Having said that, I think that’s a good writing tip in general – it’s not just the movie you’re watching which is important, it’s the movie which continues happening in your imagination while you’re off looking at something else. When you switch from the baddies to the goodies and back – hopefully the baddies have moved on with their plans. I think maybe it’s dull if they just stand around waiting for you to re-join them?
Vague idea number six:
Plot each time-period separately because it’s a real ball ache to try and do it all in one go. If you want to alternate scenes (which is what I’m doing at the moment) then split the movie in half and plot out each one separately. I do it on index cards – that way, when I shuffle them back together, the structures match up. The highs and the lows are in the same places and you don’t feel like you’re pinging around like a demented, bi-polar bee.
Or insect of your choice.
Vague idea number seven:
I’ve no idea how many of these ideas there are. That’s why they’re vague – I really haven’t thought this through in any great depth.
Vague idea number eight:
If you plot very loosely to begin with, once you shuffle the scenes into alternating time-periods, you can set consecutive scenes in the same locations or with the same characters so they feel more closely linked. Or maybe it’s better to plot them in pairs to begin with? Whatever works for you. Anything you can do with transitions or themes or bits of dialogue to link the leaps back and forward in time together will make the structure feel relevant instead of gimmicky.
Vague idea number nine:
I think maybe the first time you jump time-periods, you should have a completely different tone and feel so the audience are eager to find out how in the world the characters got from A to B.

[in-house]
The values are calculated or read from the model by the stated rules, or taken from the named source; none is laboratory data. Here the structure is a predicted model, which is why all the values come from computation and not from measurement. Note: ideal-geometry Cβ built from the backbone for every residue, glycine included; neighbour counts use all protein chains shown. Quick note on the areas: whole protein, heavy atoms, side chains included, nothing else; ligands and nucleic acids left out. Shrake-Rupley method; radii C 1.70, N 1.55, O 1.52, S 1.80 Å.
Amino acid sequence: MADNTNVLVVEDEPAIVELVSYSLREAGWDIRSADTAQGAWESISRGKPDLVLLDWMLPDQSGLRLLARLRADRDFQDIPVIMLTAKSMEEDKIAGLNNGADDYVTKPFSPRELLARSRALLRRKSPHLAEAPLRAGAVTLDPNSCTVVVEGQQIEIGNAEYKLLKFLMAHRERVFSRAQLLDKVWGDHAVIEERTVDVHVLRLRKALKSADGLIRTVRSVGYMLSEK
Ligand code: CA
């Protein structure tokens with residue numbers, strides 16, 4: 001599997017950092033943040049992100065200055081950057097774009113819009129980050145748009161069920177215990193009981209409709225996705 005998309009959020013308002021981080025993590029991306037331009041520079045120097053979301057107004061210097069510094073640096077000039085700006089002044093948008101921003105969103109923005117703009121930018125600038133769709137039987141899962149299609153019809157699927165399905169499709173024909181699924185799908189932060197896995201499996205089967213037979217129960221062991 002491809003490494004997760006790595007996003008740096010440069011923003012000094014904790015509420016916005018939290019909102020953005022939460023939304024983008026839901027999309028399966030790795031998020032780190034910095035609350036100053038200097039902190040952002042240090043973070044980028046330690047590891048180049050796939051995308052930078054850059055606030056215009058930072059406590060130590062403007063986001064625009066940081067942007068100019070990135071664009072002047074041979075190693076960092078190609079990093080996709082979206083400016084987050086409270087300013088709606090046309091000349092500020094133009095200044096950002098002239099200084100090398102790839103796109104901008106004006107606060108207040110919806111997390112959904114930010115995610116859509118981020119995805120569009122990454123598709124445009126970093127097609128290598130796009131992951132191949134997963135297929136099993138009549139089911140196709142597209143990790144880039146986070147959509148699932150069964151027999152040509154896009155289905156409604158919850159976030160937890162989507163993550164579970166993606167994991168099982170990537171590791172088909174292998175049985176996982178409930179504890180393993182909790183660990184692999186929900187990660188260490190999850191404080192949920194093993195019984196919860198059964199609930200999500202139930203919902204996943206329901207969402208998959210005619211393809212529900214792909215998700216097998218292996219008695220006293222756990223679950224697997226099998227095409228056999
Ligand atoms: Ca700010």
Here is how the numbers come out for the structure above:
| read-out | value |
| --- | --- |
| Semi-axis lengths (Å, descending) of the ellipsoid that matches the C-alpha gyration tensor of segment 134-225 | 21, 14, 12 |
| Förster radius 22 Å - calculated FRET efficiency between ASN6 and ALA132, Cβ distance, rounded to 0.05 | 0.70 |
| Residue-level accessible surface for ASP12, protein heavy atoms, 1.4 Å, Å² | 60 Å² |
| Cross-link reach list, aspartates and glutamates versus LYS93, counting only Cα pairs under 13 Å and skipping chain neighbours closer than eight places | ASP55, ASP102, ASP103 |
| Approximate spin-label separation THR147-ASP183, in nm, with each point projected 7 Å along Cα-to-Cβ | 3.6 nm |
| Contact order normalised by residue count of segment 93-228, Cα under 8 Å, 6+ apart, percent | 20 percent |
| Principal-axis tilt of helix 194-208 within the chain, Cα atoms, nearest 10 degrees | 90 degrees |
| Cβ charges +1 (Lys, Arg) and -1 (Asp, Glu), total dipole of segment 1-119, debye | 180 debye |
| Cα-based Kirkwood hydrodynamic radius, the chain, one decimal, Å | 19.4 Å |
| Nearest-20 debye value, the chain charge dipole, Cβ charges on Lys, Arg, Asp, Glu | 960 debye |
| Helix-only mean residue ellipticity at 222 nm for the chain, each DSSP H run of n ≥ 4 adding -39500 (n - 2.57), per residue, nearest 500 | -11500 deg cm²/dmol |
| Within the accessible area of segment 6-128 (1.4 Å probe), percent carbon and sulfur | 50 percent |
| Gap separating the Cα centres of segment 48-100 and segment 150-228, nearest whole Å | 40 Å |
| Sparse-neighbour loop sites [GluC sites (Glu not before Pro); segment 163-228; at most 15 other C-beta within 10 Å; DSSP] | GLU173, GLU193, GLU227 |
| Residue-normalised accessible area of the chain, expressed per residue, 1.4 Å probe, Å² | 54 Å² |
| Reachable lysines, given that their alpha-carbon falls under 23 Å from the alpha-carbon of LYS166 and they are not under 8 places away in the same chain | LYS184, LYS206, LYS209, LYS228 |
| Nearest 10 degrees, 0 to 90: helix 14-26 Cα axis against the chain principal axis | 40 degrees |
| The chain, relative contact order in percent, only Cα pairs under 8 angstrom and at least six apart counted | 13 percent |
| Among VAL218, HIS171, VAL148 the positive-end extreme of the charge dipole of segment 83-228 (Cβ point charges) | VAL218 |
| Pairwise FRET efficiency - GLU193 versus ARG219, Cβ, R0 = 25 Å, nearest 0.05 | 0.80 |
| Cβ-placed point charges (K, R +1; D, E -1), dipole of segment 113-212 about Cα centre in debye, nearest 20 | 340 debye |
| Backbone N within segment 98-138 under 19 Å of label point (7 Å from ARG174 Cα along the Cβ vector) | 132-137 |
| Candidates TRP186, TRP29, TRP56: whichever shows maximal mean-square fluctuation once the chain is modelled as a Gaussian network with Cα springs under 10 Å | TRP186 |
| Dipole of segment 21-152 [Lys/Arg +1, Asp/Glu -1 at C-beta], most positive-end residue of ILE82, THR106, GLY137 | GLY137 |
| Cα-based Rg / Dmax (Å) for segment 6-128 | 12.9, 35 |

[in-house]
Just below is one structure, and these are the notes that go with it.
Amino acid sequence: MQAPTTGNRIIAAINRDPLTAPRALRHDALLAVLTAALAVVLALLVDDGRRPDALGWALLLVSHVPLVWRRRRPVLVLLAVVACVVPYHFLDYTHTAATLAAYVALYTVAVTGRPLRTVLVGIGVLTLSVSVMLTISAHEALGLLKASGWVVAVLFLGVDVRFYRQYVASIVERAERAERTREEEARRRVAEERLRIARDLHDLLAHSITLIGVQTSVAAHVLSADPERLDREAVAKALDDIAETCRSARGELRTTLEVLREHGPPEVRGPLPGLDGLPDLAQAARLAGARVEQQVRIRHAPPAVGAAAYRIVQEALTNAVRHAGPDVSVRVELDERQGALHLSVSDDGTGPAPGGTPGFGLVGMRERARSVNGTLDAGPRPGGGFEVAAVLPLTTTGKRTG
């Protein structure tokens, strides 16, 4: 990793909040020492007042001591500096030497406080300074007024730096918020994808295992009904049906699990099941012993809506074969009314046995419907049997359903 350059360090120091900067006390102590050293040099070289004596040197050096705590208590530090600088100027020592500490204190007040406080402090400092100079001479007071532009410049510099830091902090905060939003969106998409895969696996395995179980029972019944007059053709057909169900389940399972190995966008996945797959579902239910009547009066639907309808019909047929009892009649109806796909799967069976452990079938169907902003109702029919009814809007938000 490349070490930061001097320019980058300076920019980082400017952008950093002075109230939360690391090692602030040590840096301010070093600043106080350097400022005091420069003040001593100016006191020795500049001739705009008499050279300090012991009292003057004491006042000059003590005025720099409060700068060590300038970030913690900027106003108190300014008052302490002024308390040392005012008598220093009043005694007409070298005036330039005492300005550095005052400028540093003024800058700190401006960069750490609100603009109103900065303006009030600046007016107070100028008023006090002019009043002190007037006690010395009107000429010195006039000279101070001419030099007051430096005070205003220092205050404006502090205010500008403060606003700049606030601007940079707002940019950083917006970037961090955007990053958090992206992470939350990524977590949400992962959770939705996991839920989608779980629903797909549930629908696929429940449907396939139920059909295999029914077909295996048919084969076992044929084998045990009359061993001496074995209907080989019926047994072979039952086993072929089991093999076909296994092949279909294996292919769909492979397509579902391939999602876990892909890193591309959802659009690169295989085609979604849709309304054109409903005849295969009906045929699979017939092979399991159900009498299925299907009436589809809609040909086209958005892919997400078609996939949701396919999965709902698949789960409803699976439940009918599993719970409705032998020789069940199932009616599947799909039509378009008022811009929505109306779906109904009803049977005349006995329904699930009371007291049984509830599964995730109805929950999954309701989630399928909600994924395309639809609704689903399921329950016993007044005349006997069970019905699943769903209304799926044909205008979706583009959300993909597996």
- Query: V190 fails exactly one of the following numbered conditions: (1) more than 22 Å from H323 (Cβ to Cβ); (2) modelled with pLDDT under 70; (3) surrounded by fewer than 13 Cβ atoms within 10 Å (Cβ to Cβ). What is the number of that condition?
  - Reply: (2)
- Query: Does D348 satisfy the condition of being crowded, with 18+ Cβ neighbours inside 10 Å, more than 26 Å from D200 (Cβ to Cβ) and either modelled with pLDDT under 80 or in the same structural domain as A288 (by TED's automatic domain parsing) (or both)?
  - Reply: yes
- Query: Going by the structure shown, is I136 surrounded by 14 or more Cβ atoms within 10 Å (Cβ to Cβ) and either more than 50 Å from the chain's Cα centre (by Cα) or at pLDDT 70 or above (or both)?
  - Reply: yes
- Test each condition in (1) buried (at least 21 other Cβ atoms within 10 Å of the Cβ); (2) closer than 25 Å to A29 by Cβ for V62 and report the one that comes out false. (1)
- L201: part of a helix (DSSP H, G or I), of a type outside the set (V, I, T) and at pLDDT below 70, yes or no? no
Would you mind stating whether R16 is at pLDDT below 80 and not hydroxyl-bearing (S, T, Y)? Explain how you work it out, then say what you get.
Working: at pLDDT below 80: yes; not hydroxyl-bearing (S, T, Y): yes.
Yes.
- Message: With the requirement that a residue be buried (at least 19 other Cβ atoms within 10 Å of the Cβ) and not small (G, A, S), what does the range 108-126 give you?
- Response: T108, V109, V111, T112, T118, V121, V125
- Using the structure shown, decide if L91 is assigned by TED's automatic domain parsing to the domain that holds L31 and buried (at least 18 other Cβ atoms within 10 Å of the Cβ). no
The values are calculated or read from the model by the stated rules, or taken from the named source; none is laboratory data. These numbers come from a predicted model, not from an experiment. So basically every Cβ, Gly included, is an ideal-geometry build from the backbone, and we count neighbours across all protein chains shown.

I know it’s not a dual time-period movie; but I’m thinking about Iron Man here …
Tony Stark’s in Iraq or Afghanistan or somewhere made up.
He gets blown to shit … it’s chaos!
Twenty-four hours earlier, Tony’s in a casino in Vegas.
What the fuck?
Go back to Iraq … actually, wait.
How the hell does he get from this happy playboy life to nearly dead in Iraq in only 24 hours? (Or is it twelve hours? I should really have watched the film again before using it as an example.)
It works as a flashback/cut to a different time-period because Tony’s situation is completely different with no clue as to how he got from here to there. If he’d been in his office talking about getting ready to go to Iraq … it would have been deadly dull. He’s in a different place, physically and emotionally – that’s why it’s interesting. Or at least, it’s interesting to me.
END OF SPOILERS
Vague idea number ten:
I haven’t got a ten; but it feels nice to have a list of ten things.
What else? Um … well, that’s about it, I think.
Maybe it’s nice not to have the past time-period labelled on screen as 1979 if the majority of the trailer will be set in the present day. That probably sounds odd and is more a directorial/marketing decision; but if you leave it out of your script then they might take some fucking notice. Probably won’t. Labelling the beginning as ‘The Past’ just creates a sense of ‘this isn’t important, the real story will start soon’.
Them’s my thoughts anyway. They probably could be more coherent and better thought out; but then I’m not really a coherent or well thought out kind of guy. If I’ve left anything glaringly obvious out, then it’s deliberate and there’s no need to pick me up on it.
Or you can educate me and leave your own ideas in the comments.
Yes, do the second one, that’s much more useful.